# MIN Google Sheets Function [With Quiz]

In Google Sheets the MIN function provides the minimum numerical value found in the values, cells, or ranges provided as arguments.

Other data types present in cell and range references (like text) are ignored.

## MIN Syntax

=MIN(value1, [value2, ...])
• value1 = a value, cell reference, or range reference from which to return the minimum numerical value.
• [value2, ...] = [optional] additional values, cell references, or range references.

Dates, times, and durations are included in the search for the minimum value by MIN because, in Google Sheets, dates and times are just numbers made to look like dates and times.

When negative numbers are included, the 'minimum' is the largest negative number (not the one closest to zero):

=MIN(-100,-1,2,200)

Returns -100.

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## MIN Function Example

 A B C 1 Data Formula Output 2 98 =MIN(A2:A) 6 3 15 4 zero 5 6 6 7 34

The four values considered are:

1. 98
2. 15
3. 6
4. 34

The blank cell and zero text are ignored because they cannot be converted to numbers.

Therefore, the output is 6.

Using cell and range references that contain only blank cells and/or text in the arguments of the MIN function will output 0.

## MIN Errors

The arguments to MIN can be provided as numbers, Boolean data, cell references, or range references:

=MIN(1,FALSE,A1,B1:B2)

Providing text as an argument directly (e.g. =MIN(1,FALSE,"Text",A1,B1:B2)) will result in a #VALUE! error:

Function MIN parameter 3 expects number values. But 'Text' is a text and cannot be coerced to a number.

When text is included in a cell or range reference it is ignored without error.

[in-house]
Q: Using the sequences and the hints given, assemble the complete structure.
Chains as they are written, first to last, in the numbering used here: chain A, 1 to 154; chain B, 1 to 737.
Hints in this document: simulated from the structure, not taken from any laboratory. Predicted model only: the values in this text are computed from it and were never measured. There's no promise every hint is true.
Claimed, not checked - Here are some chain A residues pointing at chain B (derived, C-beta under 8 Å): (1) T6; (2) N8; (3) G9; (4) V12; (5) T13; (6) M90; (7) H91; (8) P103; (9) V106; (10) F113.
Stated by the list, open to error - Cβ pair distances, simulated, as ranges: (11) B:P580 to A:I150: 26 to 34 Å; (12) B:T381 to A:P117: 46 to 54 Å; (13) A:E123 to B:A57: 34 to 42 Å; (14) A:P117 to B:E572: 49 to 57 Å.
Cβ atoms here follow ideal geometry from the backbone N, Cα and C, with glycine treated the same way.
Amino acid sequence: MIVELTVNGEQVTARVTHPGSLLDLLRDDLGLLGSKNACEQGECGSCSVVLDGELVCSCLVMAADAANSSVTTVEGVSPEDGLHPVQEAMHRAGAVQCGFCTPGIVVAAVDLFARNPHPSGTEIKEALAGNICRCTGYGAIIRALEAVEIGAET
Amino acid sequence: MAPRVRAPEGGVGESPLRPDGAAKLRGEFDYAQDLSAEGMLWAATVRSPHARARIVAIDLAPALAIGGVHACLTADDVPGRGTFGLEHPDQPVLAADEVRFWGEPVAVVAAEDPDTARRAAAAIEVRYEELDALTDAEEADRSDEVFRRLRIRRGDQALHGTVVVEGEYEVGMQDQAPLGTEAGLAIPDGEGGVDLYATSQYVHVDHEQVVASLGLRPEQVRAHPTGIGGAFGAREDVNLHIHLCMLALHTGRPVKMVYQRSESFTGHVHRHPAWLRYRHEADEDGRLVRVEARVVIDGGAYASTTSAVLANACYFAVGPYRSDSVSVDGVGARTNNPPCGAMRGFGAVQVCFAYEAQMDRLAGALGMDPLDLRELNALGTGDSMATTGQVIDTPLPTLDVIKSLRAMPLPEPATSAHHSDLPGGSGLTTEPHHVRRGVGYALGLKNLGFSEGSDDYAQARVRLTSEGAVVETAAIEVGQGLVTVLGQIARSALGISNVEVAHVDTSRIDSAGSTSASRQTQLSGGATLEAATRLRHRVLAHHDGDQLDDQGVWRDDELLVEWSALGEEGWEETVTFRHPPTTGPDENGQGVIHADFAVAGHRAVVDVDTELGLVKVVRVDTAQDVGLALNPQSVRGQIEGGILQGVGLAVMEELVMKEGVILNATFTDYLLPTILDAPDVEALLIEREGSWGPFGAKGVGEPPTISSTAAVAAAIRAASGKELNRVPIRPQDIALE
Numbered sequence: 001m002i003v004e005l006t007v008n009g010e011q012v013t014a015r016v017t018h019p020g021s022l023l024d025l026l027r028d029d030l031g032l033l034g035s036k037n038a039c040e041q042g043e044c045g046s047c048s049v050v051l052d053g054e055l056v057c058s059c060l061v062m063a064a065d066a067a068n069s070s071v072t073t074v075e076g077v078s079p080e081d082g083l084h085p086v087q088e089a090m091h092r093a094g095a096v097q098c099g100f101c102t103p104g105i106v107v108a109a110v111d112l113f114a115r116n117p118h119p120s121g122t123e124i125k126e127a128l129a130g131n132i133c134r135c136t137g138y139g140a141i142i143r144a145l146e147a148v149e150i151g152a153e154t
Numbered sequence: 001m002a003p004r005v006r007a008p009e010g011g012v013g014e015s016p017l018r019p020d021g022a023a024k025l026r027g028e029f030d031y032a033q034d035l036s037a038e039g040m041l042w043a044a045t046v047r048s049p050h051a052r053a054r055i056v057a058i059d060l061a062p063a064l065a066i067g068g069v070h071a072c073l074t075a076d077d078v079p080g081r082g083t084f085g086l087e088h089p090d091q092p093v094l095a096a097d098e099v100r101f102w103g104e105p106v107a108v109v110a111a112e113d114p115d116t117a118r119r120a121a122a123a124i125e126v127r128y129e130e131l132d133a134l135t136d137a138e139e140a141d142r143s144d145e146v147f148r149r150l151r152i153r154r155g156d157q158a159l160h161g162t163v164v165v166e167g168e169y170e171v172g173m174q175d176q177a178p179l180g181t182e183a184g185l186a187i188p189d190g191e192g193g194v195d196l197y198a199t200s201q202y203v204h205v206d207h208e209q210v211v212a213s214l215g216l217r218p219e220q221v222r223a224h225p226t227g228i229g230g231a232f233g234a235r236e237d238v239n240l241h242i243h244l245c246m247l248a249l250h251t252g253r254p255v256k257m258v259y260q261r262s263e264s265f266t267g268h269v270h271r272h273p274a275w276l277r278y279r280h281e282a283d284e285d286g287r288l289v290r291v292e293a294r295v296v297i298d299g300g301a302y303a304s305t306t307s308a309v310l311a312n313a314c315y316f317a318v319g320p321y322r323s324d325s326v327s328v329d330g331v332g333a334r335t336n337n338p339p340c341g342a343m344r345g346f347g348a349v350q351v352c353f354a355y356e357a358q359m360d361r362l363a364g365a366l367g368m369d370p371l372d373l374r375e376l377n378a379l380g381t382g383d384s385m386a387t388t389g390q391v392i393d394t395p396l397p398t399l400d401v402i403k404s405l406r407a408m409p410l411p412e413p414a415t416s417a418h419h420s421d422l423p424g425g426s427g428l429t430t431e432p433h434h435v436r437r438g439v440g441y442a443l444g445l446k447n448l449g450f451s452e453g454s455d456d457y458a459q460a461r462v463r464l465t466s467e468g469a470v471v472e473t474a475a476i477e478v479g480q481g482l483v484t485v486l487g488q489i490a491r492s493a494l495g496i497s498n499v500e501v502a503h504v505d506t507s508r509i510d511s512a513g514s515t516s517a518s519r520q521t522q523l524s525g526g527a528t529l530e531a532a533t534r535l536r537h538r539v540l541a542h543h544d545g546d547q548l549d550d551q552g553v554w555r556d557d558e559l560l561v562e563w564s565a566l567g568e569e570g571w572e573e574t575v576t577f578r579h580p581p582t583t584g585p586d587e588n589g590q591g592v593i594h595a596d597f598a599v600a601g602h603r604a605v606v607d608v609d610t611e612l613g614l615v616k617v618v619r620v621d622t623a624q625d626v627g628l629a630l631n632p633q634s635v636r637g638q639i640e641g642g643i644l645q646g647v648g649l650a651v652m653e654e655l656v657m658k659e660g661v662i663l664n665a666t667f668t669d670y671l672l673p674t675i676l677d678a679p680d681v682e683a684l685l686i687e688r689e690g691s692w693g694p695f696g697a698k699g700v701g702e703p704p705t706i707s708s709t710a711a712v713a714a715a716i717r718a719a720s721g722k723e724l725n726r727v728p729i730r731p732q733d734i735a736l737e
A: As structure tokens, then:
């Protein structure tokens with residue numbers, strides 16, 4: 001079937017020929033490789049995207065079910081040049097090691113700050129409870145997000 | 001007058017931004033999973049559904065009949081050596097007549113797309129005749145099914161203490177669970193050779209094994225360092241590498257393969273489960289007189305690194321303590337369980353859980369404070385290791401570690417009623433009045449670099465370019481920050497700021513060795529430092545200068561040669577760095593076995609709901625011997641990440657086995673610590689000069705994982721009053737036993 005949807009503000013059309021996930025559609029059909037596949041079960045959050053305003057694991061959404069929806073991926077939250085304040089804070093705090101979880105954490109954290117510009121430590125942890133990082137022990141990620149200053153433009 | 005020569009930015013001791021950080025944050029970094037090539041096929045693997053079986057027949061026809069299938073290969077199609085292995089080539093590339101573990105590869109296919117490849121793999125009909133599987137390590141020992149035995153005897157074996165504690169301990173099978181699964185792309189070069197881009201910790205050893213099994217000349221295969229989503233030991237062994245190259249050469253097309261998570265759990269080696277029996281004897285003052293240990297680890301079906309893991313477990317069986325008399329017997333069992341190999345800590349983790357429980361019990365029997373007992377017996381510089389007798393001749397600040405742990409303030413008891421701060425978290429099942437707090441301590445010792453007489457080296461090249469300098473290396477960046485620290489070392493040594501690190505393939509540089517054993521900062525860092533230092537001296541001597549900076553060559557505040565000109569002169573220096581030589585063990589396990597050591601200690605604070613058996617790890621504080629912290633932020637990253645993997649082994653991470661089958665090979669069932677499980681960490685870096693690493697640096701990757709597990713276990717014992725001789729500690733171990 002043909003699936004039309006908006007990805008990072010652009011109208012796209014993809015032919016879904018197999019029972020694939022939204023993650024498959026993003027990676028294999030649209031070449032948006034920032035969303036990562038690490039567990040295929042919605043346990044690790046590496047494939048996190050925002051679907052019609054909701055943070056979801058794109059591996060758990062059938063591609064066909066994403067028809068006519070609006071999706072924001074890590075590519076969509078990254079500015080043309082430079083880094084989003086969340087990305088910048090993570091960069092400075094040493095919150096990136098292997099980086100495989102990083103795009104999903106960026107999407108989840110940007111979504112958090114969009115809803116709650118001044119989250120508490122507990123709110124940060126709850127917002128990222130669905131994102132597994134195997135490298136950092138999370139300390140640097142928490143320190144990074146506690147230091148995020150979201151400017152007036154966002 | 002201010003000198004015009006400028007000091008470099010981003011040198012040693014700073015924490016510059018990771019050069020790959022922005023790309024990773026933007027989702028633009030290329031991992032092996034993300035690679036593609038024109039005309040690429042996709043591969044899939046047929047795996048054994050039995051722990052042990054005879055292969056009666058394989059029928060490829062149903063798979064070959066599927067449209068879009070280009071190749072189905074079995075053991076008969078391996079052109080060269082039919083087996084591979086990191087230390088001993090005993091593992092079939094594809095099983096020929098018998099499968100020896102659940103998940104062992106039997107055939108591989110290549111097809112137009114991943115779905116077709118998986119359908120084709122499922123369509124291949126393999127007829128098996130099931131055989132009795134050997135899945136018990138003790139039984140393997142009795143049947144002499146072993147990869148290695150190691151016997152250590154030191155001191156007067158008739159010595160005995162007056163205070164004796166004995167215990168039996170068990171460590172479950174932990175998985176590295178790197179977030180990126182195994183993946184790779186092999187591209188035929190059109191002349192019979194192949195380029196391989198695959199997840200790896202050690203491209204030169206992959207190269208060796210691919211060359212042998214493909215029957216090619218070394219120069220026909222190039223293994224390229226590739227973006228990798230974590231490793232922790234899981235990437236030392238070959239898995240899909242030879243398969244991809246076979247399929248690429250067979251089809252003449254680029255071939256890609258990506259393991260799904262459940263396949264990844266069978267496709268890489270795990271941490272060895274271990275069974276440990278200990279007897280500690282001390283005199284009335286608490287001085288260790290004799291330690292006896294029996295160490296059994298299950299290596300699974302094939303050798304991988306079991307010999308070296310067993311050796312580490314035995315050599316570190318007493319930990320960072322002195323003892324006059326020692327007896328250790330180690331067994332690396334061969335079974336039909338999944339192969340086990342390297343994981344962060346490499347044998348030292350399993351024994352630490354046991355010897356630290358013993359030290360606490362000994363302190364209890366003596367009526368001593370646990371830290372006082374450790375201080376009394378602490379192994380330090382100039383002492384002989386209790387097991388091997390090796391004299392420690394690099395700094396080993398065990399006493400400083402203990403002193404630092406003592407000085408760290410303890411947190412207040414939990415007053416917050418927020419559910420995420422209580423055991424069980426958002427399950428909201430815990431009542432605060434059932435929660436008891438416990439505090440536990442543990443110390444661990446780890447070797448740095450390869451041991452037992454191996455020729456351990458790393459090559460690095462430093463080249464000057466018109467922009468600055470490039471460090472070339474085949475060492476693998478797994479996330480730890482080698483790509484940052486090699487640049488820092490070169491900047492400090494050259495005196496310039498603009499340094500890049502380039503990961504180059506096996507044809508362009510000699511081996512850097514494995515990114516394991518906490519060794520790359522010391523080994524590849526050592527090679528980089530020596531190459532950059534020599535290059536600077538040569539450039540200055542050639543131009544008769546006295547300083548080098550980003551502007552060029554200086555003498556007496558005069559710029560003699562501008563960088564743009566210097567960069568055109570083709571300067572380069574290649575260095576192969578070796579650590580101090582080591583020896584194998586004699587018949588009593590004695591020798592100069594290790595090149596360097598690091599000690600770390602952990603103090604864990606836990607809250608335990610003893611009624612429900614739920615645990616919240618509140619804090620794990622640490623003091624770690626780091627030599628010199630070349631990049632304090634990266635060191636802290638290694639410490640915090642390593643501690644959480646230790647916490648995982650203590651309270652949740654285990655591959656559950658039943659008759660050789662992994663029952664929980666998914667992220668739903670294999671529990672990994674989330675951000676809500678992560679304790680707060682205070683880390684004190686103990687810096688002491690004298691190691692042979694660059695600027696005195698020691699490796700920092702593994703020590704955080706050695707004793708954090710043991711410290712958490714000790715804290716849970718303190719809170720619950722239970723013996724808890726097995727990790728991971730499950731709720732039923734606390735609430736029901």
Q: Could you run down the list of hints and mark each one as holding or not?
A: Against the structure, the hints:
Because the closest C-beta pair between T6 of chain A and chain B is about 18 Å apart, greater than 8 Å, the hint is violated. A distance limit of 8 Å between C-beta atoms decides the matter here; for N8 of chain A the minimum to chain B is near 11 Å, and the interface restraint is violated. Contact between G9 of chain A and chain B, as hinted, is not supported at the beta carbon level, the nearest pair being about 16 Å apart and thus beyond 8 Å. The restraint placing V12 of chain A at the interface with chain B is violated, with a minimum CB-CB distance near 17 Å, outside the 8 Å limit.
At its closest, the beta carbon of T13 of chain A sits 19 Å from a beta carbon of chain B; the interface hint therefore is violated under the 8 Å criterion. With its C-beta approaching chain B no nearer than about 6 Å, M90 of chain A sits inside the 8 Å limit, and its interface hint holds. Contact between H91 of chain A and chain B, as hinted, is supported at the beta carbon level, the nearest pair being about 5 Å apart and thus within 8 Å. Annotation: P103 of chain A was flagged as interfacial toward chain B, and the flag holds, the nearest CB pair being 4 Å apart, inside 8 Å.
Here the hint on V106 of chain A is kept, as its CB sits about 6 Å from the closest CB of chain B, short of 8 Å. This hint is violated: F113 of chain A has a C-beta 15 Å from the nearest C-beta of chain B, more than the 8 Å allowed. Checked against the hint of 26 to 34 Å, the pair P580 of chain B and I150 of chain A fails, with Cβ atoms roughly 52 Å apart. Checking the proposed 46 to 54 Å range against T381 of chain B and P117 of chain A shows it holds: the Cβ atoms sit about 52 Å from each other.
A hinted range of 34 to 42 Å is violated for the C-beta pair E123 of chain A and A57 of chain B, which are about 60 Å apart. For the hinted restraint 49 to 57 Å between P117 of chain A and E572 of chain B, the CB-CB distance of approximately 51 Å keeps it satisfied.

Boolean values can be considered numbers in certain contexts (TRUE = 1 and FALSE = 0).

There is an interesting anomaly in the MIN function based on this.

If you include Boolean data in a cell or range reference it is not considered.

If you include Boolean data as a value it is considered.

 A B C 1 Data Formula Output 2 98 =MIN(A2:A) 6 3 15 =MIN(A2:A,TRUE,FALSE) 0 4 TRUE 5 6 6 FALSE 7 34

It's a bit of a strange feature that is unlikely to catch you out.

However, when things like this come up it's best not to mix value and cell/range references as arguments. Sticking to one type of argument helps to avoid potentially confusing outputs.

If the referenced data includes an error, MIN will output the first error it encounters:

 A B C 1 Data Formula Output 2 98 =MIN(A2:A) #N/A 3 15 4 #N/A 5 6 6 #ERROR! 7 34

Another obvious error is if you don't include any arguments (as the first value1 is required):

=MIN()

Which results in an #N/A error:

Wrong number of arguments to MIN. Expected at least 1 arguments, but got 0 arguments.

## MIN Function Quiz

Here's a quick summary of how to use the quiz spreadsheet:

1. Select the required cell while the formula bar is empty

Complete all questions to solidify your understanding of the MIN function.

MIN Function Exercises
Enter a formula for each question in the formula bar for the spreadsheet below.
1. Sales
In cell B8, enter a formula to find the smallest number of sales. Remember to start your formula with '='.
2. Revenue
In cell B9, enter a formula to find the lowest revenue number.
 A B C 1 Salesperson Sales Revenue 2 Dwight 10 \$3,240 3 Jim 9 \$2,916 4 Phyllis 7 \$2,268 5 Stanley 7 \$2,268 6 Andy 5 \$1,620 7 8 Fewest sales: 9 Lowest rev: 10

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Kieran Dixon started using spreadsheets in 2010. He leveled-up his skills working for banks and running his own business. Now he makes Google Sheets and Apps Script more approachable for anyone looking to streamline their business and life.

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